The shareholder revolt at SandRidge Energy Inc. may finally be over.
The Oklahoma City oil company's board opted to move forward Wednesday with new leadership, replacing Tom Ward as chairman and chief executive.
“As we begin a new chapter in the company's history, we are focused on keeping our talented team motivated, enhancing our communications, and delivering on expectations by efficiently executing on our assets,” said James Bennett, the company's new CEO. “We are confident this will result in value creation for all stakeholders, including our stockholders, employees and the communities in which we operate.”
Bennett, who joined SandRidge in 2010 from private equity fund White Deer Energy, was promoted to president in March. He had been executive vice president and chief financial officer since January 2011.
Director Jeffrey Serota, a senior partner with a Los Angeles-based investment firm, was designated as interim chairman. He has been on the board since March 2007.
The announcement came after the market closed Wednesday, with SandRidge's stock up 11 cents to $5.08 a share. It rose another 26 cents in after-hours trading.
“I think it's probably a better day tomorrow for shareholders than it was with Ward at the helm,” Morningstar analyst Mark Hanson said Wednesday.
Hanson said Ward's ouster was “probably a foregone conclusion” once the company opted to settle a proxy fight with one of its largest shareholders in March.
He expects SandRidge's “changing of the guard” to benefit the company, with its new board and CEO more accountable to shareholders.
Hanson said Bennett seems like a talented successor to Ward, “based on his resume” with a background in private investment and deal-making.
Ward has been under fire since late last year, when two of SandRidge's largest shareholders began clamoring for a change in leadership to boost the company's value.
Hedge fund TPG-Axon Capital launched a proxy fight in December, urging fellow shareholders to replace the company's board with its own slate of directors.
A settlement was announced March 13 before any votes were tabulated. It added four seats to SandRidge's board for TPG-Axon representatives, who would have gotten a greater representation if Ward had not been fired by June 30.
TPG-Axon accused Ward of improperly benefiting from related-party transactions with companies owned by his relatives, but a four-month investigation by an independent law firm did not unearth any evidence that warranted Ward's termination, the company said Wednesday.
The board's nonemployee members, all but Ward, concluded new leadership was desirable.
“The board felt it was critical to have a leader who understands both the industry and how to increase shareholder value, and we were fortunate to have the ideal leader already on our team,” Serota said.
“With more than 20 years of energy industry and financial experience, including operational oversight and involvement, James (Bennett) will be a strong leader for our experienced management team and talented workforce.”
Ward was terminated “without cause,” which entitles him to more than $90 million in cash and SandRidge stock. He would have received nothing if the board had found cause to fire him.
Ward was not available for comment on Wednesday, but his attorney maintained he was vindicated, despite losing his job.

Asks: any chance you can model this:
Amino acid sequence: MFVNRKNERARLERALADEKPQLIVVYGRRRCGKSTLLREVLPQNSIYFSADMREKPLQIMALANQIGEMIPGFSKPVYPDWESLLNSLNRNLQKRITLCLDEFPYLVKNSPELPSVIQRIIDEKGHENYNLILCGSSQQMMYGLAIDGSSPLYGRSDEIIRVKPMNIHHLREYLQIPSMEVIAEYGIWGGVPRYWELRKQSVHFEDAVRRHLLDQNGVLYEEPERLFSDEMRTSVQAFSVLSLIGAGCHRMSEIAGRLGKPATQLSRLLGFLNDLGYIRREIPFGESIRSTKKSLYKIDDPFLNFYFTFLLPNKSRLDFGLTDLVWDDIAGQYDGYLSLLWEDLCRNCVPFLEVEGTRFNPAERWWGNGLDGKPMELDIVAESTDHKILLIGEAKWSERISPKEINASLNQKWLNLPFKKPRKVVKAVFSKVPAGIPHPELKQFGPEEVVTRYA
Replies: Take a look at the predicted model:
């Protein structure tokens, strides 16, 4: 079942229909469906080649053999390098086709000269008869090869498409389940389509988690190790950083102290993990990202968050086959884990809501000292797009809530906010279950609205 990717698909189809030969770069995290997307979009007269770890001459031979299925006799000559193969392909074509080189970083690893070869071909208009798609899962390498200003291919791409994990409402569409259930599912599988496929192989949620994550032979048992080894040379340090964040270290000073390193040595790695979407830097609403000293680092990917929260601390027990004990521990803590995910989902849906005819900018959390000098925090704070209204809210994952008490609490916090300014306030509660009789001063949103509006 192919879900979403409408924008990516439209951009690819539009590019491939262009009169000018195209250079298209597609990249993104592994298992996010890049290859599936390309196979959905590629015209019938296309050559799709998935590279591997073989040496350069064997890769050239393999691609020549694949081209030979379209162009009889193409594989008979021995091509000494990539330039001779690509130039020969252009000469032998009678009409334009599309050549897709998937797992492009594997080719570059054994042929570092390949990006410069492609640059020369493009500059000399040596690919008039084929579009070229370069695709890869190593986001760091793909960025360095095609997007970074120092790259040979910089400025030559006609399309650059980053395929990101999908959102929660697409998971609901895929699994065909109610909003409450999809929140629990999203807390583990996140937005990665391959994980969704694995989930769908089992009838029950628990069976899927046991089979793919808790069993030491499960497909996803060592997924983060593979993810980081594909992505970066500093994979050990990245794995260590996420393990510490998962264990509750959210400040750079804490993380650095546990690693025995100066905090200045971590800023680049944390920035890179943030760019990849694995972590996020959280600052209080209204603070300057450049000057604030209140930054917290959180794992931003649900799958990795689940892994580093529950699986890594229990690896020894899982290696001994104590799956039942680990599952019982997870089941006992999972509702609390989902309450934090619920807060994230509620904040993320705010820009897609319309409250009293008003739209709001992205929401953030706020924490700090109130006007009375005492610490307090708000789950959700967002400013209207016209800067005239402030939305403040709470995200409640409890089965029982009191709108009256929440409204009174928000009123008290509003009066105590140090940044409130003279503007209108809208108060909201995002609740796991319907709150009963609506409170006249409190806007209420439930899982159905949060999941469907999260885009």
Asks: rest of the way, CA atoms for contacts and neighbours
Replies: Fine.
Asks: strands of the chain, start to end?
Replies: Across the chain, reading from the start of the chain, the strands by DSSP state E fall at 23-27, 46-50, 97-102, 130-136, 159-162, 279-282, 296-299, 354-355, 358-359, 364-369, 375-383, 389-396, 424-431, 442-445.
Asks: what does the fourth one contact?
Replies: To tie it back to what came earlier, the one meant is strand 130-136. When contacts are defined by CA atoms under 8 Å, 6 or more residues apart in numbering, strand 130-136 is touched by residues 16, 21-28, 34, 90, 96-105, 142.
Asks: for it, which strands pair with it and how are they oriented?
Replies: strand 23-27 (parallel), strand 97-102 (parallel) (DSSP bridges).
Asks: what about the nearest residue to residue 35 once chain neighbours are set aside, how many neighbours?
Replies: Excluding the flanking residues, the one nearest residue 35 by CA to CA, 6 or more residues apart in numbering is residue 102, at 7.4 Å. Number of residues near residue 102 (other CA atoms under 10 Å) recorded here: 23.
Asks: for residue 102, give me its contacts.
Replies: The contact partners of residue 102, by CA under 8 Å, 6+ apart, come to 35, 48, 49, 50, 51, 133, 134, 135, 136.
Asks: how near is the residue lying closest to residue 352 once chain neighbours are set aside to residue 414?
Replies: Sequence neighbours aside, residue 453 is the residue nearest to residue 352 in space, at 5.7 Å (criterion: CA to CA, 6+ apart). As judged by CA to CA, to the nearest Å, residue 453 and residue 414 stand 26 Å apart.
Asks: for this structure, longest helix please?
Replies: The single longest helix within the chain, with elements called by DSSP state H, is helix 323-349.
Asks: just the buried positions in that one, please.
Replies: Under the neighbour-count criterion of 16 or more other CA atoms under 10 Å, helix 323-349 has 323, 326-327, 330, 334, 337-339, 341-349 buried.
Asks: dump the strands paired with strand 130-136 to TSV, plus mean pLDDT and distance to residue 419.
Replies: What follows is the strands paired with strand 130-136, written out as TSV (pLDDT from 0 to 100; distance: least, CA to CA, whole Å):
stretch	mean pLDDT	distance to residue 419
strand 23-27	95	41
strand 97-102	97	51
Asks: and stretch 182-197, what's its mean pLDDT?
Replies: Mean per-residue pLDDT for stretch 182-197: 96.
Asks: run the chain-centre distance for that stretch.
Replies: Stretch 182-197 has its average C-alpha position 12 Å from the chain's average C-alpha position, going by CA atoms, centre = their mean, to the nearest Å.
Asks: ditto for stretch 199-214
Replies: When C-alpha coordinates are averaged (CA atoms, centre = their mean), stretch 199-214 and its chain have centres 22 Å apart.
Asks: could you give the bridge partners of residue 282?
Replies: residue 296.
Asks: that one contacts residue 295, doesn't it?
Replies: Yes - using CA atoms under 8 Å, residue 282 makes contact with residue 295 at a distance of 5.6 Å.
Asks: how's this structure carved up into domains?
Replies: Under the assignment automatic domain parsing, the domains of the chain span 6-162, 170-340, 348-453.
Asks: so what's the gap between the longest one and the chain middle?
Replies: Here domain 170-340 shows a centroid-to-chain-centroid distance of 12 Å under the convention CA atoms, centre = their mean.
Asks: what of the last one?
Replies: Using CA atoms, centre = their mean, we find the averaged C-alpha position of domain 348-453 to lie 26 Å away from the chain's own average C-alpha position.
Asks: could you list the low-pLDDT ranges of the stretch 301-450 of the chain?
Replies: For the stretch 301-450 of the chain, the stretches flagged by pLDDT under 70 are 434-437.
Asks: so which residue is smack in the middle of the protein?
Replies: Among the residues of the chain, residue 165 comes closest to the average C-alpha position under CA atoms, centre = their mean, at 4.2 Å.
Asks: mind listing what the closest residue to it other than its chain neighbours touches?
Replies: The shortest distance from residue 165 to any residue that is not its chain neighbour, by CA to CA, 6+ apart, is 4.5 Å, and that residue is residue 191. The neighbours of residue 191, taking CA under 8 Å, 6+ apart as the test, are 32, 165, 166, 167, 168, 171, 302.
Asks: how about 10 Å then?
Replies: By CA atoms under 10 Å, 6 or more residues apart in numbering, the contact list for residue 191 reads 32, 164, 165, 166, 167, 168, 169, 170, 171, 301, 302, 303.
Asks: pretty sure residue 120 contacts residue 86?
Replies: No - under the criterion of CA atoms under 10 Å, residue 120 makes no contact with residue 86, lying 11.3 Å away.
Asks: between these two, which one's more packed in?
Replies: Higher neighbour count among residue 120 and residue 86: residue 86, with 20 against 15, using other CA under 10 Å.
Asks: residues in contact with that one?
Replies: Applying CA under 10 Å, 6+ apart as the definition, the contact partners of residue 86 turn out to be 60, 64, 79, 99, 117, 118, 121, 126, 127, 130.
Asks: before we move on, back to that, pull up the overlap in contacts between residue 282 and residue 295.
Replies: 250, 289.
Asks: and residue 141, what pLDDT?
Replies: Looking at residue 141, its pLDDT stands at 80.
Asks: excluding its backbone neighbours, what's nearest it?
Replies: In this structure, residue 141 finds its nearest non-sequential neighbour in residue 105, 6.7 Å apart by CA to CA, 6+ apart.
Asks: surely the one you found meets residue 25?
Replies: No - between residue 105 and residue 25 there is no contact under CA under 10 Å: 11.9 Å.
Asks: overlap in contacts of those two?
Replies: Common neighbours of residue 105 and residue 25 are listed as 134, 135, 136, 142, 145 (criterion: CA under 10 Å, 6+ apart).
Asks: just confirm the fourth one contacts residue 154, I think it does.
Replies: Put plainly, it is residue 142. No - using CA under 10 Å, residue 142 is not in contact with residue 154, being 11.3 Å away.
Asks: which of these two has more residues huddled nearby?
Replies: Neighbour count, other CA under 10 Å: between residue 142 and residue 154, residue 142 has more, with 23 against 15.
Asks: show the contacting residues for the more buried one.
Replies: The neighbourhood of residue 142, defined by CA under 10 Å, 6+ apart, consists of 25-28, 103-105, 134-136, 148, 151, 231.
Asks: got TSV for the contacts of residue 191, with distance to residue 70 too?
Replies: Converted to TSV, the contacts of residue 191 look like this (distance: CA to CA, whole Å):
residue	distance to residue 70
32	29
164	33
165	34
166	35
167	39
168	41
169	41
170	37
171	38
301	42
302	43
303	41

“Two separate board investigations have now confirmed that Tom Ward's actions were proper. No one has worked harder for or been more loyal to SandRidge Energy than Mr. Ward,” attorney Steven M. Bauer said. “Having weathered this storm, Mr. Ward is looking forward to the next chapter in his career, which he intends to continue in Oklahoma City.”
Ward, who co-founded Chesapeake Energy Corp. in 1989 with Aubrey McClendon, founded SandRidge in 2006 after acquiring a controlling interest in Riata Energy and moving the company to Oklahoma City from Amarillo, Texas. He also owns a stake in the Oklahoma City Thunder basketball team.
Ward's departure means four of SandRidge's top five executives have left the company since its settlement with TPG-Axon.
Former President Matthew K. Grubb departed as the March 13 settlement was announced, while the company disclosed in late April that executives Todd N. Tipton and Rodney E. Johnson were leaving.
Tipton, SandRidge's executive vice president of exploration, retired. Johnson, the company's executive vice president of corporate reserves and acquisitions and divestitures, left to pursue other opportunities, a regulatory filing showed.
One of the new executives at SandRidge is David Lawler, the former PostRock Energy Corp. CEO whose brother, Doug, took over Monday as CEO at Chesapeake. Lawler has been at SandRidge since 2011. He was promoted to chief operating officer in April.
Bennett, SandRidge's new CEO, told employees Wednesday the vision for the company has not changed. SandRidge remains an industry leader and an instrument for good in the community, Bennett wrote in a memo to employees.
Bennett said the company is well-positioned for success.
“We have more than $1 billion in cash, total liquidity of more than $2 billion, great assets in the Mississippian play and offshore GOM, and a strong team of motivated professionals,” he wrote. “Our operational results and execution continue to be exceptional.
“We have recently made decisions, many financial in nature, to ensure the long-term success of our company, and we will continue to find ways to increase efficiency and enhance profitability.”